Music producer Harvey House says that music is all about connecting the best musicians with the best instruments. The same philosophy, he feels, hold true for cancer treatment – it’s connecting the best physicians with the best technology. And, it’s that mentality that led Harvey to The University of Texas MD Anderson Cancer Center Proton Therapy Center when he was diagnosed with prostate cancer in 2007.
How Harvey found out he might have cancer was not in the conventional way – where the doctor calls and delivers the news. Instead, his life insurance agent told him when Harvey called to increase his coverage.
“He said, ‘We can’t increase your coverage until you talk to your doctor,’” Harvey recalls. “I didn’t understand why. The agent, who was a good friend of mine, told me that results from my recent PSA test showed elevated scores. I didn’t know what to think.”
Not knowing what the test scores meant, Harvey made an appointment with his family doctor, who referred him to a urologist. A biopsy confirmed that Harvey had prostate cancer. The urologist quickly dispelled Harvey’s fears by telling him that the disease was treatable and referred him to the MD Anderson Proton Therapy Center.
It was at the MD Anderson Proton Therapy Center that Harvey met associate professor of Radiation Oncology and his treating physician, Andrew K. Lee, M.D., MPH, who said something to Harvey that really sunk in.
“When Dr. Lee told me that proton therapy wouldn’t affect my lifestyle, that was all I needed to hear to pursue treatment,” Harvey said.
“Because proton radiation treatment is so targeted, we are often able to spare healthy sensitive areas near the tumor, which leads to fewer short- and long-term side effects,” explained Dr. Lee. “This allows many of our patients to continue to live active lives, both during and after treatment. Harvey is a wonderful example of someone whose cancer or its treatment didn’t slow him down or stop him from doing the things he loved – then and now. It’s really gratifying to see him continue to do so well.”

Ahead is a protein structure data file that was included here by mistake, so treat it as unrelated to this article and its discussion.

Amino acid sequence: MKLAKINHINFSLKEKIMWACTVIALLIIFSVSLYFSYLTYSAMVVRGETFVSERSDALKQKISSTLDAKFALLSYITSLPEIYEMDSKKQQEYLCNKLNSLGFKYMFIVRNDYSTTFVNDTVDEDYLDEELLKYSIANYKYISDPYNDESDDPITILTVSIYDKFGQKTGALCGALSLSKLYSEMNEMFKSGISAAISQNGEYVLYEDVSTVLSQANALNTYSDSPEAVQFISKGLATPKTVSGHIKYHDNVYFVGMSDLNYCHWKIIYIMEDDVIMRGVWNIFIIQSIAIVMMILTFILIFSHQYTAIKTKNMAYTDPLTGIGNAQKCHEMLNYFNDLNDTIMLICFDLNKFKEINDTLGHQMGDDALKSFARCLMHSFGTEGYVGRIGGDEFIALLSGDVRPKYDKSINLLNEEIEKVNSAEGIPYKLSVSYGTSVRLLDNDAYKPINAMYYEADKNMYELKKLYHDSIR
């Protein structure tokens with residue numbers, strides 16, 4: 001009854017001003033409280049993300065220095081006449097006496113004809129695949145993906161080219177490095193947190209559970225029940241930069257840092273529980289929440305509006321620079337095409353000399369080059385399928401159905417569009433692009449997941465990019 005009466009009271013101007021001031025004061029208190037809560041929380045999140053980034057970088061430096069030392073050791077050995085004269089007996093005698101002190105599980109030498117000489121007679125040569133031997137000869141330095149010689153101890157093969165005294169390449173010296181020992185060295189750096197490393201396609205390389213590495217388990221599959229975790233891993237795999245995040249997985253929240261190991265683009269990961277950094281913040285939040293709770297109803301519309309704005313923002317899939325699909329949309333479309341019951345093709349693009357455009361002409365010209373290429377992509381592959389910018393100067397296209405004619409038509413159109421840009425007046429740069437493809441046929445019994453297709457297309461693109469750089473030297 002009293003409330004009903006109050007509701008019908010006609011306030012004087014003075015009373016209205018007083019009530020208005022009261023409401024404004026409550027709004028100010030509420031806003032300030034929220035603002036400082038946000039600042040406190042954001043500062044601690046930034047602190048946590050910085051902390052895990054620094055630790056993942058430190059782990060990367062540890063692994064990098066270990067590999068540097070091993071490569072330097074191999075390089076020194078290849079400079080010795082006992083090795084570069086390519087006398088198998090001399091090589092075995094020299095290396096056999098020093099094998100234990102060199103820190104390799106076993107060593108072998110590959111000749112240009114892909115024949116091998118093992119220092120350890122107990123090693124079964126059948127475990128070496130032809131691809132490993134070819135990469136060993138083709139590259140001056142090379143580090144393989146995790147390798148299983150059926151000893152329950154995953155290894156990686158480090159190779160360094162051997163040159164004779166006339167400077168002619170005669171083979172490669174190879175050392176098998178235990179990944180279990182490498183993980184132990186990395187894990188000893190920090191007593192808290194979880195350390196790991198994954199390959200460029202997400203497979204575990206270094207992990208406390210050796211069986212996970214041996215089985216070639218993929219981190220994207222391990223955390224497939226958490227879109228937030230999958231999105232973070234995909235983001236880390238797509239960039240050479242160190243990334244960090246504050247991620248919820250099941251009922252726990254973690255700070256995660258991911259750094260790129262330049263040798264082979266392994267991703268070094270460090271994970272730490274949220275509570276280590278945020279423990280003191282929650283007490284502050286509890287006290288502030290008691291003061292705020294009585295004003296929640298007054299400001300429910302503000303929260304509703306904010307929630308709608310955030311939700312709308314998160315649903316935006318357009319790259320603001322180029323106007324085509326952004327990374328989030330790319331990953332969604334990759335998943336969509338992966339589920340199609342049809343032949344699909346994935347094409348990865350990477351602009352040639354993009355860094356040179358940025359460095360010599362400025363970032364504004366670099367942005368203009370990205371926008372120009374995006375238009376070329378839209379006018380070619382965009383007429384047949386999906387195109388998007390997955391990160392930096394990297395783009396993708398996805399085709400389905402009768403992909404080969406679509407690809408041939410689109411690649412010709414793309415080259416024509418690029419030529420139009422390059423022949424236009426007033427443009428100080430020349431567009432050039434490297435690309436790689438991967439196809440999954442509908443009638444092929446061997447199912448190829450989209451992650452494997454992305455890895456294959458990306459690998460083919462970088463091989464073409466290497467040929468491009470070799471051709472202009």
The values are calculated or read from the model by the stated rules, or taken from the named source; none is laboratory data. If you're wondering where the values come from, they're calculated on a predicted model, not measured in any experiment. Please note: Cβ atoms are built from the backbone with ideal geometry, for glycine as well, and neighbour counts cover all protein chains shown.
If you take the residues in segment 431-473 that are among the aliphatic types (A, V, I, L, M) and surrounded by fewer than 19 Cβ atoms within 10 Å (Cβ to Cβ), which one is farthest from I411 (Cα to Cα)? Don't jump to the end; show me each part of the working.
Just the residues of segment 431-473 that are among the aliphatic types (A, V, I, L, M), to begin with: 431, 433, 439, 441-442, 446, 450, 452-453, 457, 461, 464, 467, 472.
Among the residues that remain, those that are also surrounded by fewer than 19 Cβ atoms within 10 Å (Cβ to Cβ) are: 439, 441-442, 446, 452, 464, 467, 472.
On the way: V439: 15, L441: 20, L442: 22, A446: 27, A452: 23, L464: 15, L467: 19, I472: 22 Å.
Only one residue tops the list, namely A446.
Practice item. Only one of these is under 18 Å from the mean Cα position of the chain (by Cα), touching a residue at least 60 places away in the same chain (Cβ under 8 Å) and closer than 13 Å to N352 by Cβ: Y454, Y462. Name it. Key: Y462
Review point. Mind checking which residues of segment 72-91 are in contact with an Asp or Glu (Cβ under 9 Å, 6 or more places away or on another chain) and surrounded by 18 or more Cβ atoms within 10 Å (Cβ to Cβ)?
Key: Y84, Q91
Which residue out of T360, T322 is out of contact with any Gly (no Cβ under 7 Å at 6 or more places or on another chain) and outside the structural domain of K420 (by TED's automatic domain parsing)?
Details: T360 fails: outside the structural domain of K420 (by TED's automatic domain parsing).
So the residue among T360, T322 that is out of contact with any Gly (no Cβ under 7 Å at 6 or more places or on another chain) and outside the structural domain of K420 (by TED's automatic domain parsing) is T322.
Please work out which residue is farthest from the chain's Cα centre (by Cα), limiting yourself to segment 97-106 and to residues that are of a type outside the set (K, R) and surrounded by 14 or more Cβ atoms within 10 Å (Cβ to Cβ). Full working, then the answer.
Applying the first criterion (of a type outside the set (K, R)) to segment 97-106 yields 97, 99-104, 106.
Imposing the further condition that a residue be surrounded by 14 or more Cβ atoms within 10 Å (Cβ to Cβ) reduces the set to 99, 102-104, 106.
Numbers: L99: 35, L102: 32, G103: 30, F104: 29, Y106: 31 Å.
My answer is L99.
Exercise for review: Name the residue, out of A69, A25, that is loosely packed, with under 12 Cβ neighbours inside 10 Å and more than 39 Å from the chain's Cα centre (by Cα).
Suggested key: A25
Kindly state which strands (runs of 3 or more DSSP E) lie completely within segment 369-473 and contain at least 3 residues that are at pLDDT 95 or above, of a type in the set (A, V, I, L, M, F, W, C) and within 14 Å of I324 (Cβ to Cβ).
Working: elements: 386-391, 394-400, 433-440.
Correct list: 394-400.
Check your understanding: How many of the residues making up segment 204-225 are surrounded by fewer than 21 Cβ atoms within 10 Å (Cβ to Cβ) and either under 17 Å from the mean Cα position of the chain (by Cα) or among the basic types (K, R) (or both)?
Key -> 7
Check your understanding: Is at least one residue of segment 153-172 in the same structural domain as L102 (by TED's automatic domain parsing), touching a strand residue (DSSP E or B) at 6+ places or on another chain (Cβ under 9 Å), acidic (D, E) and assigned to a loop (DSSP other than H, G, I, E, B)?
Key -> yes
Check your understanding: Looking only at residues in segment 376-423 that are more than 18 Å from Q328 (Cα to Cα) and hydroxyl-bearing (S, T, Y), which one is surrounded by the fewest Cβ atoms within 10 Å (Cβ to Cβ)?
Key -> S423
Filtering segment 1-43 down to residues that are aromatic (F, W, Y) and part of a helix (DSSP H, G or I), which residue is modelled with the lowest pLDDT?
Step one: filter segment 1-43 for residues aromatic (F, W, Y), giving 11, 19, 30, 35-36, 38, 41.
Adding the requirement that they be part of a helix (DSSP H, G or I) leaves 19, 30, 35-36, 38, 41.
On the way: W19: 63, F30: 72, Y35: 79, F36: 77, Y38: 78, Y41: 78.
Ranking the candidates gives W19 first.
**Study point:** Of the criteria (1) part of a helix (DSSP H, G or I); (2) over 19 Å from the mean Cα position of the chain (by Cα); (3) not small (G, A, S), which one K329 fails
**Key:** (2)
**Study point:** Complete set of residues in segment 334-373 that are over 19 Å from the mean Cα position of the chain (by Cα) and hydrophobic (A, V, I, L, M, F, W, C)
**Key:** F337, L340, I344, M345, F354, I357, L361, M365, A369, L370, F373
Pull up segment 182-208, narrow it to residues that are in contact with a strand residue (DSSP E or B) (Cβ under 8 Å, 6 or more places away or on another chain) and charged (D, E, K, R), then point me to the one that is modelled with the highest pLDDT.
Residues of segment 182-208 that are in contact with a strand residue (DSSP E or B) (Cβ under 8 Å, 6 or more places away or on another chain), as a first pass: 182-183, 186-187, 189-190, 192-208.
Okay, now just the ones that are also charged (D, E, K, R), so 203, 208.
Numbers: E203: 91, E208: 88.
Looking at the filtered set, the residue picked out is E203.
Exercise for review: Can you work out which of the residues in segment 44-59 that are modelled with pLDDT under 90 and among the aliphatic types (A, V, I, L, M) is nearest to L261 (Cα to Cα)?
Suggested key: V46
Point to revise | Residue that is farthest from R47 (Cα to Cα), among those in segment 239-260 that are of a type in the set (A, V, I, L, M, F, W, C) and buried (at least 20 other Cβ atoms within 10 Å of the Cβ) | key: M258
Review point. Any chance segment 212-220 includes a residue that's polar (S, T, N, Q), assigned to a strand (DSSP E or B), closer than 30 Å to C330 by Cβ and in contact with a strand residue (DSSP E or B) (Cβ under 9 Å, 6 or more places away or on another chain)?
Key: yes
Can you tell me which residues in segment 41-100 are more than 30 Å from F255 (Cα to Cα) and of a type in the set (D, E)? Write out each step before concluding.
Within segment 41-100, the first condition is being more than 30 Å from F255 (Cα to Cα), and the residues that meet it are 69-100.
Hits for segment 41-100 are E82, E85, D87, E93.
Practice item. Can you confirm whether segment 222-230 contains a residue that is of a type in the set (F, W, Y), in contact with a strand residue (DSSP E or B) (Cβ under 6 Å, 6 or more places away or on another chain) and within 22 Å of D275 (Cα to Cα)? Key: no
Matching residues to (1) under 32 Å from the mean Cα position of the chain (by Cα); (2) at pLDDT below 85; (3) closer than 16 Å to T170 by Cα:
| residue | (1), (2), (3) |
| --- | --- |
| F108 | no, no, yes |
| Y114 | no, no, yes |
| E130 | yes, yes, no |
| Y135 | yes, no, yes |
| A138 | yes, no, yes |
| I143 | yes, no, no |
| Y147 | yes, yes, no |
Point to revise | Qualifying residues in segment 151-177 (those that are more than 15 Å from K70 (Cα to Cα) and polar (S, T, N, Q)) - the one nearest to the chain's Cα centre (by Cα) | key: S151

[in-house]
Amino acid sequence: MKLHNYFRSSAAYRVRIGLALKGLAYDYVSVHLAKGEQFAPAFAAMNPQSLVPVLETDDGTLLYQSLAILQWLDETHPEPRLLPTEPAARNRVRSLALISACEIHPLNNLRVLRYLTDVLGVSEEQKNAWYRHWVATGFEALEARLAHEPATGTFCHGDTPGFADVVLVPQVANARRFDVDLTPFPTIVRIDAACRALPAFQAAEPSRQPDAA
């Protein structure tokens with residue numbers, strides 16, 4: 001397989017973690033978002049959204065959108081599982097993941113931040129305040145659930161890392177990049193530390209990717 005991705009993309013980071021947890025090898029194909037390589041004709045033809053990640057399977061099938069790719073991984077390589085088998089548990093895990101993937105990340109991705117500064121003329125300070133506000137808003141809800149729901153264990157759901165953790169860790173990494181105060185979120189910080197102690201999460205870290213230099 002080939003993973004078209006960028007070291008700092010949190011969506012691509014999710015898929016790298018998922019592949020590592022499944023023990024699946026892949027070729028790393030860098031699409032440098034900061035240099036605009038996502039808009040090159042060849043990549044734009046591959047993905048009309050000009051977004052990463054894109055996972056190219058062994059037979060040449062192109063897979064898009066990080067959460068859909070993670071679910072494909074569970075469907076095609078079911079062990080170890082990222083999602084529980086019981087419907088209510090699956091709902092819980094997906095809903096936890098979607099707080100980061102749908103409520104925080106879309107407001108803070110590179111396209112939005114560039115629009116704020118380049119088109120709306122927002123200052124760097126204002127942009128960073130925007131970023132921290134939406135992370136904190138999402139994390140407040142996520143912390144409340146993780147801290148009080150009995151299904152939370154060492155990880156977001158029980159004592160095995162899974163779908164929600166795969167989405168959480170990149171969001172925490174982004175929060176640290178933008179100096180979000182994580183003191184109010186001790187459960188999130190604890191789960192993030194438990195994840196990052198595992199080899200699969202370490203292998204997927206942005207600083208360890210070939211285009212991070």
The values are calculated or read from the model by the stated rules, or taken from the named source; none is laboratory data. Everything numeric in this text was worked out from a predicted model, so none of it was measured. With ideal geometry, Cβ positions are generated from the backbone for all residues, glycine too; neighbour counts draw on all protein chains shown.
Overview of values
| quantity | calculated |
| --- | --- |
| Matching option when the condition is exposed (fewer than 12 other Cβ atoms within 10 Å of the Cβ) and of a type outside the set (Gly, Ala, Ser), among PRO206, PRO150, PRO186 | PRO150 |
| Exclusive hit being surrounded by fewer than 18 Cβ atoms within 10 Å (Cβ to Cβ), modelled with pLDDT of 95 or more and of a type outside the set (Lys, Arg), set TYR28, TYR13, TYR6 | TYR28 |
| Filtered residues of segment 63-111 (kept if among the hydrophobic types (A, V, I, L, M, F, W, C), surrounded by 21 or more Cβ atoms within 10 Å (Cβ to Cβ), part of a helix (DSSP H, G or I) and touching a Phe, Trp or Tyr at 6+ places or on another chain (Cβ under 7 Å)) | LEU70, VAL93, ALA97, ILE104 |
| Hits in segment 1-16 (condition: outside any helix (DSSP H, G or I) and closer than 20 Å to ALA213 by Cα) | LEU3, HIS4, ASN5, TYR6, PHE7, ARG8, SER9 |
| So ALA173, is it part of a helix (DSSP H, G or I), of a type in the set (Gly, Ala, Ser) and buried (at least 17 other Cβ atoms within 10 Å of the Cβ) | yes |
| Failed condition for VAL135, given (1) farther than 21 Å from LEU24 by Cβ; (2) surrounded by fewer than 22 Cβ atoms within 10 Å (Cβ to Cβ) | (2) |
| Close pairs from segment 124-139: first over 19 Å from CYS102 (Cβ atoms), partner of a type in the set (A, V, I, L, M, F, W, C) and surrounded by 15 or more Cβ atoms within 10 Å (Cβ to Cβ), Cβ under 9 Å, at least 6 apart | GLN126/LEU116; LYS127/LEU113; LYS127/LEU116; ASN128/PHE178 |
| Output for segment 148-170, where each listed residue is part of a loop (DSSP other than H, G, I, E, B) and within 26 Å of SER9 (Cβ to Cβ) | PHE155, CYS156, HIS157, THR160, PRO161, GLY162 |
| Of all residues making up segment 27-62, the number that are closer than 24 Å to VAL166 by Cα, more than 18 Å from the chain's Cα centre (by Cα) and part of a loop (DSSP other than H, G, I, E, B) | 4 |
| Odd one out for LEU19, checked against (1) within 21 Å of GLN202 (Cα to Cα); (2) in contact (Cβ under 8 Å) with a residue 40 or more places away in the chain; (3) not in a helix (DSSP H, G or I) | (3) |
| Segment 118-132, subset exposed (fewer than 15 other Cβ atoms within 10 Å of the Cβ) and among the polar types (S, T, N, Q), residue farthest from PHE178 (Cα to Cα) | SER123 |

In addition to his daily proton therapy treatments, Harvey also believes that music helped his mind and body heal. Music has been a part of Harvey’s life since he was a young boy. He spent years as a musician and now works as a music producer and has been a voting member for the Grammy’s ™ since 1977. This passion and his belief in its healing qualities is what drove Harvey to bring a boom box to the treatment room so that he and all the other prostate patients could listen to music during appointments.
For Harvey, coming to the Proton Therapy Center every day was a joy. He got to interact with other patients and found the staff to be kind and caring.
Today Harvey is cancer free and has become a strong advocate for African-American men to get prostate screenings. According to the American Cancer Society, prostate cancer occurs more often in African-American men, and they are also more likely to be diagnosed at an advanced stage, which are two reasons why Harvey feels it’s important to encourage screenings and early detection.
“Having been diagnosed with prostate cancer myself, I realize how important it is to get screened, especially for African-American men,” said Harvey. “With the increased risk we have, I encourage all African-American men to get their PSA scores checked regularly.”
According to MD Anderson, prostate cancer screening should begin at age 50 for most men, and at age 45 for African American men or men with a family history (father, brother, son) of prostate cancer.